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Caroline Grogan (as Mary Warren) and Paul Lazar (Judge Danforth). Photo: Ashley Garrett.
Written by Arthur Miller
Bedlam in association with The Nora
November 8 through December 29, 2019
The Connelly Theater
Reviewed by: Eric Uhlfelder
Running Time: 3 hours with one intermission
I have no doubt if Eric Tucker was given a shoebox in which to direct a play, he could concoct a hit.
Played out across his trademark minimalist staging that focuses attention on actors and their words, Tucker’s latest production--Arthur Miller’s “The Crucible”—is extraordinary.
Susannah Milonzi (Elizabeth Proctor), Eric Tucker (Reverend Hale), and Paul Lazar (Judge Danforth). Photo: Ashley Garrett.
The 150-seat Connelly Theater at 220 East 4th Street intimately embraces this dynamic show of 14 superb actors led by the remarkable performances of Ryan Quinn (as John Proctor), Susannah Millonzi (Elizabeth Proctor), and Tucker (as Reverend Hale).
A crucible, according to the Miriam Webster dictionary, is “a place or situation in which concentrated forces interact to cause or influence change or development.” Miller couldn’t have selected a more apt title.
Based on the Salem Witch Trials of the 17th century, Miller was contemporaneously inspired by Joseph McCarthy’s House Select Committee Hearings on UnAmerican Activities. In both instances, moral pretense provoked immoral behavior to prove its existence when there wasn’t any.
In pleading to the court that it not be hoodwinked by pleas of innocence, Reverend Parris (Randolph Curtis Rand) fails to realize his own misguided accusations of witchcraft: “We are here, Your Honor, precisely to discover what no one has ever seen.”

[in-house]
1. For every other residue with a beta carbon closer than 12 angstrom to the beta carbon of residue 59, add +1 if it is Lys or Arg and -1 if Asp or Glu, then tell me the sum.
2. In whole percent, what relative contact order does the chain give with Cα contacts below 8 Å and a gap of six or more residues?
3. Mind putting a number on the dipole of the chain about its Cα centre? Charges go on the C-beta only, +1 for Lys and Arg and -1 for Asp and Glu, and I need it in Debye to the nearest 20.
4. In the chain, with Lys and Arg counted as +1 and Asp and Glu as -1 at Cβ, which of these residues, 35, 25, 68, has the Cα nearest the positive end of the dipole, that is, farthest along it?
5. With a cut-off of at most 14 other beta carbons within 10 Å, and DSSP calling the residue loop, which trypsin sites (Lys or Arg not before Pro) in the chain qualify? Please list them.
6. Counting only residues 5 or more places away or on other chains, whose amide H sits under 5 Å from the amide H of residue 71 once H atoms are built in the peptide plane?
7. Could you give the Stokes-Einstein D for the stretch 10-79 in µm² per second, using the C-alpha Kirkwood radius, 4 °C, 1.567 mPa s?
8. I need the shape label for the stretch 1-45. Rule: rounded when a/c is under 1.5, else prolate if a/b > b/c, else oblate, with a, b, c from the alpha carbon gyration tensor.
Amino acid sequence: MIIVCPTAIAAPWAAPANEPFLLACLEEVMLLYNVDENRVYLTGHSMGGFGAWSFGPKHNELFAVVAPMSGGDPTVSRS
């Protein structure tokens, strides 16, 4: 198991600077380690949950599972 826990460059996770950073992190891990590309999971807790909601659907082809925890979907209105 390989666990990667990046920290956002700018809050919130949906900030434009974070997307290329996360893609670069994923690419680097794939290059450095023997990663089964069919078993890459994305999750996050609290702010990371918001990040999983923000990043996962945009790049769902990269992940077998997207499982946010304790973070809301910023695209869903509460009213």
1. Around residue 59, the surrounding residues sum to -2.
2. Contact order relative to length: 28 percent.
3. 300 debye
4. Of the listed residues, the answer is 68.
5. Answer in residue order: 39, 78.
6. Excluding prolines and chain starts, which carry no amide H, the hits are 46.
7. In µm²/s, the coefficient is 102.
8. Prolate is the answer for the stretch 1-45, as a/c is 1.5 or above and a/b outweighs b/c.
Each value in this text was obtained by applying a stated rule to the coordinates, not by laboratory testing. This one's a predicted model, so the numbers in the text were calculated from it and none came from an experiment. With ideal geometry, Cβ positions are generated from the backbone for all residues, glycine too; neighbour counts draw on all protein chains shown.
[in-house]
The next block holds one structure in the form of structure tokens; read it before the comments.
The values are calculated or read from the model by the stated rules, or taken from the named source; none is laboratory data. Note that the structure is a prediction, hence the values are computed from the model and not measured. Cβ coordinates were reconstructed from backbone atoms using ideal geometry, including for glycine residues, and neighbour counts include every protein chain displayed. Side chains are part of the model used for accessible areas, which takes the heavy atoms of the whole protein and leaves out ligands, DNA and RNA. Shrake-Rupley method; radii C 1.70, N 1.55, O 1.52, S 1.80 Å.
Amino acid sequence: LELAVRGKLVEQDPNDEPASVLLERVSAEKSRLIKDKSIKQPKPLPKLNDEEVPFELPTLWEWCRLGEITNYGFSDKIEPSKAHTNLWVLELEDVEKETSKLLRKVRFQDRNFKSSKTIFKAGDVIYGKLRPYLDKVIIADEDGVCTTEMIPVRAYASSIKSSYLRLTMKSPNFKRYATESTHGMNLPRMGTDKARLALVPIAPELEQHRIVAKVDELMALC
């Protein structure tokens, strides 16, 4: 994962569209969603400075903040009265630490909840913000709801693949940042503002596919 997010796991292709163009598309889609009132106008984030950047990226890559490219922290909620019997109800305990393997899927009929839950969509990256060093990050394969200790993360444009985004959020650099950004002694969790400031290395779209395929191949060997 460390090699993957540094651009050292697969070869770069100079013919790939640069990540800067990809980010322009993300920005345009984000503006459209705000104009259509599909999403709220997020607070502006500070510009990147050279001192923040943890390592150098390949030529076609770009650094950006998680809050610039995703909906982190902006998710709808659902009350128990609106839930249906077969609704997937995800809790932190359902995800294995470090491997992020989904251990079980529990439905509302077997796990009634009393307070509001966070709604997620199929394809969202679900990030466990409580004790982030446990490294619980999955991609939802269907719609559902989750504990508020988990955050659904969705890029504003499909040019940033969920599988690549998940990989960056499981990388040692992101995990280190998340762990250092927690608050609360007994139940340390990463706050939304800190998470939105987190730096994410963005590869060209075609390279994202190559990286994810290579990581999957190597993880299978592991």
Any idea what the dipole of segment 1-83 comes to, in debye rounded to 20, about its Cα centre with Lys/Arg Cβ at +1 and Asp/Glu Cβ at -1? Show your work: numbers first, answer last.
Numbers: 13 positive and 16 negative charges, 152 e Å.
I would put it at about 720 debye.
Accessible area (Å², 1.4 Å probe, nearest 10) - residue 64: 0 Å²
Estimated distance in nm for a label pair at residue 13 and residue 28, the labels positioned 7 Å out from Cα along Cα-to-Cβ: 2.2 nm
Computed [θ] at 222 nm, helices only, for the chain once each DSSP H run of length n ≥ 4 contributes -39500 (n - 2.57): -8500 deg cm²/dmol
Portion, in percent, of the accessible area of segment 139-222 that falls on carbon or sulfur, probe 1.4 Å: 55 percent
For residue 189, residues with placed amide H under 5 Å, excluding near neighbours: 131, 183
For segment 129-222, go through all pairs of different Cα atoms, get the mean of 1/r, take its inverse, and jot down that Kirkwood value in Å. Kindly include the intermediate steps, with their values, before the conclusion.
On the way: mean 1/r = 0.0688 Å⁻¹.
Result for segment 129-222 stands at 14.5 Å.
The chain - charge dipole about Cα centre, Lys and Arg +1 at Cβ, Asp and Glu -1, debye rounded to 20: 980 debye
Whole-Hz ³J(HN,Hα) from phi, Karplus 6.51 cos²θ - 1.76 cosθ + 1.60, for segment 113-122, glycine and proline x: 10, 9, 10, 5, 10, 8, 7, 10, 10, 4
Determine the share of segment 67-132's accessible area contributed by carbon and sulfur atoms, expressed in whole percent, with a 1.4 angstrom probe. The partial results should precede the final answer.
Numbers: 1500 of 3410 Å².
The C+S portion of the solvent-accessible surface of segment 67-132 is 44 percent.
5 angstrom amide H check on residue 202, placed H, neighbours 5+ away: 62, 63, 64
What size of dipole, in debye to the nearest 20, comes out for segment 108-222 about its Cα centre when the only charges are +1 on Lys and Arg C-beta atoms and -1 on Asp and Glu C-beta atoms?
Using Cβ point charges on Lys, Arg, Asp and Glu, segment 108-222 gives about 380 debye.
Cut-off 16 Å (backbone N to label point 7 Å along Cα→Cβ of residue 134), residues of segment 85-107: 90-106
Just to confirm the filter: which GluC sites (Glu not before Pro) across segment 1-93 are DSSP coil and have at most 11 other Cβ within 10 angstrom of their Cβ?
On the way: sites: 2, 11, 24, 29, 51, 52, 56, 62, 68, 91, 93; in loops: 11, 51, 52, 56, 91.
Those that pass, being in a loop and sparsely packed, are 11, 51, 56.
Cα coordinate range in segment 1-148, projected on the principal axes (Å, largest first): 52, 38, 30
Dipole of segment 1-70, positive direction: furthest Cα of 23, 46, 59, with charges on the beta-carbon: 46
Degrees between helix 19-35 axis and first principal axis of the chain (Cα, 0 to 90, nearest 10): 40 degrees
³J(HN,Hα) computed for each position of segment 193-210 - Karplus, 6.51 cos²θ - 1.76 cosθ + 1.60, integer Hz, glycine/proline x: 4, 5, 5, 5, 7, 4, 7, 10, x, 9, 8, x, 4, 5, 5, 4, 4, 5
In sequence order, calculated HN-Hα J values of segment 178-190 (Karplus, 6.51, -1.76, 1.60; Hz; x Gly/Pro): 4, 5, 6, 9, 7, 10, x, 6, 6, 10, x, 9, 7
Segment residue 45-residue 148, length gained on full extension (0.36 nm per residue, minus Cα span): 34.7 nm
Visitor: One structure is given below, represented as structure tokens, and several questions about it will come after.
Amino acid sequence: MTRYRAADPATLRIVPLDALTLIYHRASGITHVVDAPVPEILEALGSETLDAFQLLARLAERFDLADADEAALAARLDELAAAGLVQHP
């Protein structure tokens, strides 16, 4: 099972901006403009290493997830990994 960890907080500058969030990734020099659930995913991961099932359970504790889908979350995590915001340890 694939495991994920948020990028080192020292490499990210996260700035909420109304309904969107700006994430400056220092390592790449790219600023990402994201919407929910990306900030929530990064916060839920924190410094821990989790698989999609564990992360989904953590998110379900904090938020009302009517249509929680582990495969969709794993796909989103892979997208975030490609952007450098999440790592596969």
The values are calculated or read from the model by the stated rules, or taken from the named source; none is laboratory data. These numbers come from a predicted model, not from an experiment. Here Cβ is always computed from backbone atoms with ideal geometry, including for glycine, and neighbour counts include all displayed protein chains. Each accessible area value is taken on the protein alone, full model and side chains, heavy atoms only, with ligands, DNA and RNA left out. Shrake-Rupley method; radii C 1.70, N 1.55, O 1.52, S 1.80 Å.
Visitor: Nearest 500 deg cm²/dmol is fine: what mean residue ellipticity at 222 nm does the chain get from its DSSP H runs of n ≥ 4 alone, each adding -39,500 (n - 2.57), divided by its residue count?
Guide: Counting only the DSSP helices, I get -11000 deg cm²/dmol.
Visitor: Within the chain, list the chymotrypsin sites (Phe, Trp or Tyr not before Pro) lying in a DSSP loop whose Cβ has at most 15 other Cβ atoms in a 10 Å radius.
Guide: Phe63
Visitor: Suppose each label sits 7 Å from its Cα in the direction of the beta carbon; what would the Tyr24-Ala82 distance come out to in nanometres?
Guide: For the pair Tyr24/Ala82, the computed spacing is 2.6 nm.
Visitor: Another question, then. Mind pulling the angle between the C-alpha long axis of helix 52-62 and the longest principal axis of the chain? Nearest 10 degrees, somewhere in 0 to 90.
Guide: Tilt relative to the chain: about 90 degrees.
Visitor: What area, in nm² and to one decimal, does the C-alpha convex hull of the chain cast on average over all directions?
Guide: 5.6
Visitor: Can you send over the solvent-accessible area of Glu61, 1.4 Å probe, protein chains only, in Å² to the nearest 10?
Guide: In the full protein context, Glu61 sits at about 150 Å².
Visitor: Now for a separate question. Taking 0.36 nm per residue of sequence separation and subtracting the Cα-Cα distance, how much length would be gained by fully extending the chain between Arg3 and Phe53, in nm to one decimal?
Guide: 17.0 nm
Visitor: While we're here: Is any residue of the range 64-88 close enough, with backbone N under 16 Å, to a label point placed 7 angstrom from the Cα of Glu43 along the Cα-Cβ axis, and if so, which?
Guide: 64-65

The tale’s timeless theme: a blind search for truth can easily get distorted when ulterior motives inevitably come into play.
Most of the cast. Photo by Ashley Garrett.
Throughout, Miller shows how complicated life in fear can be. And Tucker’s penchant for chaos complements the confusion that tears through Miller’s characters. He has players over-talking one another in pitch-perfect cacophony. Actors effect frenzied set changes in the middle of the action, and they cross through the audience, bringing theater-goers into the mix. Confrontations are raw and real. And by the end of the show, the set appears as if a storm had blown through, leaving the play without resolution.
When the playwright looked back at his tale four decades after he wrote it in 1953, Miller rediscovered: “That John Proctor the sinner (adultery with one of the accused girls) might overturn his paralyzing personal guilt and become the most forthright voice against the madness around him . . . and, I suppose, an inspiration: it demonstrated that a clear moral outcry could still spring even from an ambiguously unblemished soul.”
The play’s connection with today’s world is inescapable.
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